Sometimes it’s hard to pinpoint exactly when you lose your love.

Frank Slason’s wife, Diane, died last month  at 85.

Diane Slason as a young woman. Photo courtesy of Frank Slason

But in many ways, he said, she began to leave him long before, as Alzheimer’s robbed her of her memories of their more than six decades of marriage.

Slason, of Somerville, wanted his wife to be remembered – and asked this newspaper to publish something about her.

“It was coming for three years,” Frank, 90, said of her death. “It was heartbreaking watching her waste away. Eventually, she didn’t even know me.”

Diane Slason was born in Melrose, Massachusetts, in 1936. The two met at a college dance in 1956, when she was a student at Nasson College in Springvale, Maine.


They shared a deep love, he said, based on mutual trust and respect – though he always had competition for her affection.

Before they married, Diane warned Frank that horses would be a big part of their lives. “I told people she had plenty of boyfriends. They all had four feet,” he said, laughing.

“She had a beautiful smile. She was sweet, shy,” he said. “I was a very, very lucky man to be married to her.” But “horses were her life.”

She started riding horses at the age of 5, encouraged by her parents – especially her equestrian mother.

“When I first met her, it was it,” Frank said. “She was the most beautiful girl in school. The cameras followed her around.”

They married the next year, settled in Cape Cod and had two children, a girl and a boy. Their son, John, died at 33 from a brain aneurysm after a fall. Their daughter, Holly, lives in Florida.


Frank worked as an electrical engineer. Diane taught horse riding.

At first she owned three horses, then she bought six more and opened a riding school, offering instruction in both English and Western horseback riding.

An accomplished rider, she competed in horse shows and riding competitions all over New England and at Madison Square Garden in New York City.

“We were forever going to horse shows,” Frank said.

Through the years, she won numerous championships, trophies and blue ribbons, he said: “She took care of the horses all herself. She was a dynamo.”

As the couple aged, Diane suggested they should retire and move to Maine. They did so in 1999.


“Thank God we did,” Frank said. “It was the best move we ever made.” The slower life, he said, gave them “precious years. You’ve got to make every day count.”

They moved to Jefferson, not far from Augusta, with three horses.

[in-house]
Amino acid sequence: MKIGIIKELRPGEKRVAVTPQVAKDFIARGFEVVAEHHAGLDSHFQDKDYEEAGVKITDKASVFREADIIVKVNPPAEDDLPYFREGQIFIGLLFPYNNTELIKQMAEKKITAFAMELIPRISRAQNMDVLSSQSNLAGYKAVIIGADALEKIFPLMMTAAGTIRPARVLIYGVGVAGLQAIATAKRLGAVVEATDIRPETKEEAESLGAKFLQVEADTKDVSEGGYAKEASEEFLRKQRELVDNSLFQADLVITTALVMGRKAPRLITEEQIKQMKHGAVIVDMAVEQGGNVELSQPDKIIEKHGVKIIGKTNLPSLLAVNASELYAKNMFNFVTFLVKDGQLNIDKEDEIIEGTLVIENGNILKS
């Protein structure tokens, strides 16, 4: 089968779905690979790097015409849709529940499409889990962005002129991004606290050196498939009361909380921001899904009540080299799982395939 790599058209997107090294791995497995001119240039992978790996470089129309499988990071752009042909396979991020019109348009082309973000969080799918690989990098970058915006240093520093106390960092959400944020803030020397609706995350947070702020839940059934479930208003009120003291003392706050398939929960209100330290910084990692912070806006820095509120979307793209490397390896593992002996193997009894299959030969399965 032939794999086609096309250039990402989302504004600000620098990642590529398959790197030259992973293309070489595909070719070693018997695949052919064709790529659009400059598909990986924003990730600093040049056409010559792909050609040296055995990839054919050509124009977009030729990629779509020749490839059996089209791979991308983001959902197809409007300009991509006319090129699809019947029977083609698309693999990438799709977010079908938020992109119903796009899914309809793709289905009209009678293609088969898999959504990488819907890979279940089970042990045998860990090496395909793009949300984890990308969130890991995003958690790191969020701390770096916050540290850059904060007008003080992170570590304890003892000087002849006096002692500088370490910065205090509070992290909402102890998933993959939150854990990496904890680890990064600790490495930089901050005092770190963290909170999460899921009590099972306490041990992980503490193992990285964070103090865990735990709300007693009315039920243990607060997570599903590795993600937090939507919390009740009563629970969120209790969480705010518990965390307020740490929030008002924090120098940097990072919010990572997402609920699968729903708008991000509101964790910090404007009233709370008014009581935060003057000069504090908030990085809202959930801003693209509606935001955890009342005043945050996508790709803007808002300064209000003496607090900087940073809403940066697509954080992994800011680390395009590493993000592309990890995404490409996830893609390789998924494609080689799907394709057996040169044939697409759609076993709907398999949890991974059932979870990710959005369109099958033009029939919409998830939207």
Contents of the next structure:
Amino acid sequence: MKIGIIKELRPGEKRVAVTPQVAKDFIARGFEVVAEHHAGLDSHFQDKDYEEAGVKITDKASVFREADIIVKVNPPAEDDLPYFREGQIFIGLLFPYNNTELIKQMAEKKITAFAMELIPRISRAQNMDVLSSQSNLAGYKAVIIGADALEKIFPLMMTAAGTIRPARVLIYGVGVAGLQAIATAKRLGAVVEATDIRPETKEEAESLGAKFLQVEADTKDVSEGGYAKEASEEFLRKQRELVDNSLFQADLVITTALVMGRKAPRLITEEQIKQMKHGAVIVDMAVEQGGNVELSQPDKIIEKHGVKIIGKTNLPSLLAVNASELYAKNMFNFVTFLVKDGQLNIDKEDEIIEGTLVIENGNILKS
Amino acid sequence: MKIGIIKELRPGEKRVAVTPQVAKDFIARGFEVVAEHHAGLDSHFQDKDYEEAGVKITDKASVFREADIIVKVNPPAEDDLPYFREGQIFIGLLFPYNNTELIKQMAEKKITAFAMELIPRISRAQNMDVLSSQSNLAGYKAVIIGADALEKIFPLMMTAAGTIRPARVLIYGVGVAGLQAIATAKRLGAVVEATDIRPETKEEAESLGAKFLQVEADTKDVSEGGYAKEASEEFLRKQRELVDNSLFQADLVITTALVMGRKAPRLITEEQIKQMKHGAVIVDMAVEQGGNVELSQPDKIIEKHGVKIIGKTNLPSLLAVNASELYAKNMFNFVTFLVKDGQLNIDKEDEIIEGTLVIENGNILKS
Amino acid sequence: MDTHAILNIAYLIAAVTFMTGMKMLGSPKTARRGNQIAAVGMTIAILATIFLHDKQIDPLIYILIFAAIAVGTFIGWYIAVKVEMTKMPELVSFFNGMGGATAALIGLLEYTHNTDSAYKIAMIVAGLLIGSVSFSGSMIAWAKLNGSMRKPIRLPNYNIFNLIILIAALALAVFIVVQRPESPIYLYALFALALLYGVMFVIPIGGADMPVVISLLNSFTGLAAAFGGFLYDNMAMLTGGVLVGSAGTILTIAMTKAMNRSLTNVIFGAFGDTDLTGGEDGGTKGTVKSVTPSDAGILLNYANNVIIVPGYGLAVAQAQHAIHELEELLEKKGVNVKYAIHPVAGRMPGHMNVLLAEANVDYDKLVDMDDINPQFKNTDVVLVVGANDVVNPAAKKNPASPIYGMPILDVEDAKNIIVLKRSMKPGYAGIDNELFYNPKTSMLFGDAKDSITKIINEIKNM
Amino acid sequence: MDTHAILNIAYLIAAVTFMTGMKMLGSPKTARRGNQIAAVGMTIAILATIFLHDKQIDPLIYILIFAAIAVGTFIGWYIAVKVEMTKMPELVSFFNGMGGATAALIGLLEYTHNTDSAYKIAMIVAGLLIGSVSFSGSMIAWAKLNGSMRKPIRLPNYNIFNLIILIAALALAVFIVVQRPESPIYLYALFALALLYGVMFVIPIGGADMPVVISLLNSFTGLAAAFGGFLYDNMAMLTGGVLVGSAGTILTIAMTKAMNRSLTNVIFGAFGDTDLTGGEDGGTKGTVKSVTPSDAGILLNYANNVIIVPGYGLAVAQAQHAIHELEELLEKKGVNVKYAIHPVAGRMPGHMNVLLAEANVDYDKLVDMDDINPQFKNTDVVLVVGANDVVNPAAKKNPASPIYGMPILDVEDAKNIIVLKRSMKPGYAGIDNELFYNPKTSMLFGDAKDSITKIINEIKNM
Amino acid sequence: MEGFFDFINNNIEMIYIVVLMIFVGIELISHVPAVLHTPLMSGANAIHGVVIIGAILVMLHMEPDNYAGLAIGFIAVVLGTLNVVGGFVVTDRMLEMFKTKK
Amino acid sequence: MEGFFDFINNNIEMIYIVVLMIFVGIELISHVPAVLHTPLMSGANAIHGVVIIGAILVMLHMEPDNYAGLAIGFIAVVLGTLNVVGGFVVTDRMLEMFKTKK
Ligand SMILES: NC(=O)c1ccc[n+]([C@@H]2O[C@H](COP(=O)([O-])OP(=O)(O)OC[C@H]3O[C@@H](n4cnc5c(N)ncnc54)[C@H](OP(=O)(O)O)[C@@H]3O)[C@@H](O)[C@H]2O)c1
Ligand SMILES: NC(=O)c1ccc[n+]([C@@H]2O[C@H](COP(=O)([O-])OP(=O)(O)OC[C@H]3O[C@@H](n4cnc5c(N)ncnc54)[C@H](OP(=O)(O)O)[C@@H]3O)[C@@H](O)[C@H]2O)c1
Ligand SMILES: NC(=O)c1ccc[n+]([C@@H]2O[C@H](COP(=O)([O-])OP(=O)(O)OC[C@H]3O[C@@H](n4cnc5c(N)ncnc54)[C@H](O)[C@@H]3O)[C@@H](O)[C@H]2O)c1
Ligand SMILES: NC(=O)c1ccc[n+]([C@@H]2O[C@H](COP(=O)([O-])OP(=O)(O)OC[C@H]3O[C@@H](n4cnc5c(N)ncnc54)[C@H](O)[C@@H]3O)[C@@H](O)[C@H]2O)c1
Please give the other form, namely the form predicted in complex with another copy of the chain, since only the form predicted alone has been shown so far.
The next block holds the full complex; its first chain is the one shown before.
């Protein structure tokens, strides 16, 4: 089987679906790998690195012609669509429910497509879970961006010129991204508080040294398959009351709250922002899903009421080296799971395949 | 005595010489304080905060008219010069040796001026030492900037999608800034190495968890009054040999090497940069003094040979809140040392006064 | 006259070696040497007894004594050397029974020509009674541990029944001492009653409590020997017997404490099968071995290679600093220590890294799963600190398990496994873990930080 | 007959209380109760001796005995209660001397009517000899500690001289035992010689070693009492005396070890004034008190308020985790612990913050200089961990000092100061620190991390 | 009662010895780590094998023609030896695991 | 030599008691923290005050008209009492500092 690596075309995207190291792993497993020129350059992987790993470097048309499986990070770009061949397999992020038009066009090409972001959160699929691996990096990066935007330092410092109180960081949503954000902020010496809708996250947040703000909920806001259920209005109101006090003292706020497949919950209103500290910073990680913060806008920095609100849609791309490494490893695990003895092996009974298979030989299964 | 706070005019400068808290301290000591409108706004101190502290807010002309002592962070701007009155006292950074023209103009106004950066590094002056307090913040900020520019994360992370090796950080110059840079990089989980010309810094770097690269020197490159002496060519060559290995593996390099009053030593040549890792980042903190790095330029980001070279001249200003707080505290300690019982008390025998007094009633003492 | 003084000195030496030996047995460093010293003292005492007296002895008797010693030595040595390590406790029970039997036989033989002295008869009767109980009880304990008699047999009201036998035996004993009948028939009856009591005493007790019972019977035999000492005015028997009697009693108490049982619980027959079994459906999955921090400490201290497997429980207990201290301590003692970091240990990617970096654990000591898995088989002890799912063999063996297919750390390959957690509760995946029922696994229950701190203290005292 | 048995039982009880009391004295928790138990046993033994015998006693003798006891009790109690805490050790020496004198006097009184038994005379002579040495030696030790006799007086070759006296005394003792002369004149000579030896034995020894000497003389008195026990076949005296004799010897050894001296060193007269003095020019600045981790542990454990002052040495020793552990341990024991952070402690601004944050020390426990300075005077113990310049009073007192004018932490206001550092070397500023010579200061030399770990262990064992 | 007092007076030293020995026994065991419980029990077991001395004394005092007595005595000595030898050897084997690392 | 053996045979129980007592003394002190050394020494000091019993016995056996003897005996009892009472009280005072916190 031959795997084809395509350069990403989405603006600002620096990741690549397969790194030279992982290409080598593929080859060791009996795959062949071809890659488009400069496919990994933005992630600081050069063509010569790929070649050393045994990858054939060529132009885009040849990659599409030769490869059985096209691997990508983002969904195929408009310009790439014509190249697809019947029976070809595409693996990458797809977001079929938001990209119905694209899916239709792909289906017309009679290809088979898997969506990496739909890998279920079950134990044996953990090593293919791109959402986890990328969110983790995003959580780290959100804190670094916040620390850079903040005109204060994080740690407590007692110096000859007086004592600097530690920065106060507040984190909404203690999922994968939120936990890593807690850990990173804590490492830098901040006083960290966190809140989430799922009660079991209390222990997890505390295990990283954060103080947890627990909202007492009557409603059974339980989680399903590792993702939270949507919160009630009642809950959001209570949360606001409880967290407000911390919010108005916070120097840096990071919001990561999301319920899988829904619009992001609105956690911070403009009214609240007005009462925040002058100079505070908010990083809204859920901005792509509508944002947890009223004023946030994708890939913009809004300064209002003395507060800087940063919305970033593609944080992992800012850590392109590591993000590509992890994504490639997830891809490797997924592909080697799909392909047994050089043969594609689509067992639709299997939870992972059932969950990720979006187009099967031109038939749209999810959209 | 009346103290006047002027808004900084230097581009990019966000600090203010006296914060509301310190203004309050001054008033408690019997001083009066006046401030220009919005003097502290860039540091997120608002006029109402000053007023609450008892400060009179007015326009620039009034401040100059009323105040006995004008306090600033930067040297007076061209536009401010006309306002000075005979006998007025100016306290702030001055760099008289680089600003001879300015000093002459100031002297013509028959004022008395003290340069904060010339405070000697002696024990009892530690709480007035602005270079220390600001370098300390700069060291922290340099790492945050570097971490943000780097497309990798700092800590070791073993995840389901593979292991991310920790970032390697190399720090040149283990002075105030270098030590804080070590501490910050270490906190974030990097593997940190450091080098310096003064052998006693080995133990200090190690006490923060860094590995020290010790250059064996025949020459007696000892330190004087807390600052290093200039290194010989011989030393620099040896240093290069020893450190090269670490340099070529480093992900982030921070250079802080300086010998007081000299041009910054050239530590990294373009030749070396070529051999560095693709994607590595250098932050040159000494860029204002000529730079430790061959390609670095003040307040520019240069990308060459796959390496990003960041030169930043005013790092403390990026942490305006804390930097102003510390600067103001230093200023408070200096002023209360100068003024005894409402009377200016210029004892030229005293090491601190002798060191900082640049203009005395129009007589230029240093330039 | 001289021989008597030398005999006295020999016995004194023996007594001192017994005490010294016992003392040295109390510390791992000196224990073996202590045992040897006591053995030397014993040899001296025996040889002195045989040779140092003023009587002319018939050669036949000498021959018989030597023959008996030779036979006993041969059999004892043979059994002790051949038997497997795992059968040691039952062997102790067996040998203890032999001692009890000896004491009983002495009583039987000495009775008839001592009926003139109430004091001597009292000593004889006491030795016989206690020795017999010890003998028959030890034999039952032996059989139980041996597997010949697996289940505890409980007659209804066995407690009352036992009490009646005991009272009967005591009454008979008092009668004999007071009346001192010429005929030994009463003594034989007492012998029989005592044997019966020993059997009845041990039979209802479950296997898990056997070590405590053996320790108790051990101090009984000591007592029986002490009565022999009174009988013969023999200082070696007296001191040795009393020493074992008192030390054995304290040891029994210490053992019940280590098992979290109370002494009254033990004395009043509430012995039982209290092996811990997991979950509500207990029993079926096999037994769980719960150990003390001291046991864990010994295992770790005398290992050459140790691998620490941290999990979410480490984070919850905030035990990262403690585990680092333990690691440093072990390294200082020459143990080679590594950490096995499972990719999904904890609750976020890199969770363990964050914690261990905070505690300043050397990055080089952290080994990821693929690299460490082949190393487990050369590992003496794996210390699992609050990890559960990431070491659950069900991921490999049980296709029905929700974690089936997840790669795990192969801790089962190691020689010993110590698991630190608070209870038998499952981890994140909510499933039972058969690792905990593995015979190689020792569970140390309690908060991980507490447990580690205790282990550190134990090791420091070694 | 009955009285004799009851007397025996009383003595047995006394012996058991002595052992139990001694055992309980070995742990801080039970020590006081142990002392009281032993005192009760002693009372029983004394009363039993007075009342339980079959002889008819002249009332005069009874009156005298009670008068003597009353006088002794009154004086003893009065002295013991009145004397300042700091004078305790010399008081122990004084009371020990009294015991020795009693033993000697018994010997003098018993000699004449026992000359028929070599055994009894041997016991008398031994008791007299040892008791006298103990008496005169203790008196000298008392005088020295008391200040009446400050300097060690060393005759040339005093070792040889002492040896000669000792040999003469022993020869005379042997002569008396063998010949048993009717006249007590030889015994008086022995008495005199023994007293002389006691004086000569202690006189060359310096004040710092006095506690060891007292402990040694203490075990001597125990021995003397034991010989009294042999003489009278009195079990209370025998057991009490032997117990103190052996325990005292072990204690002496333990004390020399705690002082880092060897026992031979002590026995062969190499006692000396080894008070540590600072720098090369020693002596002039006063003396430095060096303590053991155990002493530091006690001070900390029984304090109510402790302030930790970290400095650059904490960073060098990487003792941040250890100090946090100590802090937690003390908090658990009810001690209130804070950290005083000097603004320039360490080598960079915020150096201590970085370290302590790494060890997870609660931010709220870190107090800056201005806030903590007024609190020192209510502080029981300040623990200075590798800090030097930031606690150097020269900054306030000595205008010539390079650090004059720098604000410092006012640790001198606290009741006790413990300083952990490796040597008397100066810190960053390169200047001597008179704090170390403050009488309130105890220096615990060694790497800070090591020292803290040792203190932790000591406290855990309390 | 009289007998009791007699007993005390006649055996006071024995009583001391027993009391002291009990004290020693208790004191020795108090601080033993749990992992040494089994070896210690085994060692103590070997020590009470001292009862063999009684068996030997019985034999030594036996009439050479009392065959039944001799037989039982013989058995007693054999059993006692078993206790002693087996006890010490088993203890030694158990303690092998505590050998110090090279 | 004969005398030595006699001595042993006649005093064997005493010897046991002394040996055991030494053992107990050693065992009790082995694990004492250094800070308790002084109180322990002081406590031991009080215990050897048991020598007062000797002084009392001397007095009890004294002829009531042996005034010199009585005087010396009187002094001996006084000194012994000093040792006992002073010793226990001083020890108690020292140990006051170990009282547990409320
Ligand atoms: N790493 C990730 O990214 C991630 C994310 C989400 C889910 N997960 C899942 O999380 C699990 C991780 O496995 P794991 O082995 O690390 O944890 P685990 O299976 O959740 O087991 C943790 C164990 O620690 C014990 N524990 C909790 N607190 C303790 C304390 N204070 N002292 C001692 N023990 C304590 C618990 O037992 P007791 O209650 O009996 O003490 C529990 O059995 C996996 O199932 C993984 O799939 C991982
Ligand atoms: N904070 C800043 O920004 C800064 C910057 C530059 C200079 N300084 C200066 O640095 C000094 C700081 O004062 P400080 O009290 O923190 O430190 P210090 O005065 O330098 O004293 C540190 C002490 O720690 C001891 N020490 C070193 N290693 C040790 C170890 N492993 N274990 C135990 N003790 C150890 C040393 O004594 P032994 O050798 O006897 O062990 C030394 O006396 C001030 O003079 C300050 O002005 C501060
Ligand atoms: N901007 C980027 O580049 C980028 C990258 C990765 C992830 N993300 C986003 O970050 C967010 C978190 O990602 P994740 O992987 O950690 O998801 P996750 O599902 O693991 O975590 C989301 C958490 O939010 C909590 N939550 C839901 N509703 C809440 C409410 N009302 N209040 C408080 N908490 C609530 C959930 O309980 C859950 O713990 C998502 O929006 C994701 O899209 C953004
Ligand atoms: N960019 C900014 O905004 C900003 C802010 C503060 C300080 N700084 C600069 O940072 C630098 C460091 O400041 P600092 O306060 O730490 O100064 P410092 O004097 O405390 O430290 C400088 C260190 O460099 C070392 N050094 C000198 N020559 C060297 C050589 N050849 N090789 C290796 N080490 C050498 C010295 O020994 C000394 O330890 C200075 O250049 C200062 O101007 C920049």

Diane continued to ride and care for her horses, Frank said, until her early 80s, when she had two debilitating strokes and was diagnosed with Alzheimer’s.

Diane Slason riding in 2010. Photo courtesy of Frank Slason

He cared for her at home as long as he could, about two years, but she had to move to a nursing home in 2019.

“I was in tears,” he said. “I remember saying, ‘I cannot believe this.'”

During the years when Diane was in care, Frank was dedicated to his wife, said Laurie Cromwell, director of social services at Heritage Rehabilitation and Living Center in Winthrop.


He drove three times a week from Somerville to Winthrop to see her, Cromwell said. He sent her letters and comics. He brought her chocolates and horse magazines. He would wheel her wheelchair outdoors to see horses near the home.

Diane Slason riding in 1954. Photo courtesy of Frank Slason

“You could always tell by her eyes how she looked at him that they had a true love,” Cromwell said.

Near the end, his wife didn’t seem to remember anything, Frank said. “She wasn’t eating. She was down to 88 pounds. I knew she was going.”

But she may have been more aware than he knew.

She no longer spoke, but “she always smiled at him. …”We would say, ‘Oh look, your husband is here.’ She would smile,” Cromwell said.

In June, the Maine Health Care Association, which represents nursing homes and assisted living and residential care facilities, gave her a lifetime achievement award for being an accomplished equestrian. She wasn’t well enough to attend the ceremony at the Augusta Civic Center.


Their last anniversary was their 65th in September, a modest celebration held at the nursing home.

Before Diane died, Frank said, he wrote an essay telling her not to worry about him when she crossed “the rainbow bridge. … I’ll be right behind you.”

After, Cromwell gave Frank a container with the letters he had sent his wife. Diane had saved all of them. “He was touched,” she said.

Watching someone you love go through the stages if Alzheimer’s is not easy, Cromwell said, “however we walk the journey with them.”

Driving in his truck after he picked up Diane’s ashes, Frank talked to her, letting her know they were driving from Winthrop, through Augusta, to Somerville, where they’d long lived together.

“I brought her home,” he said.

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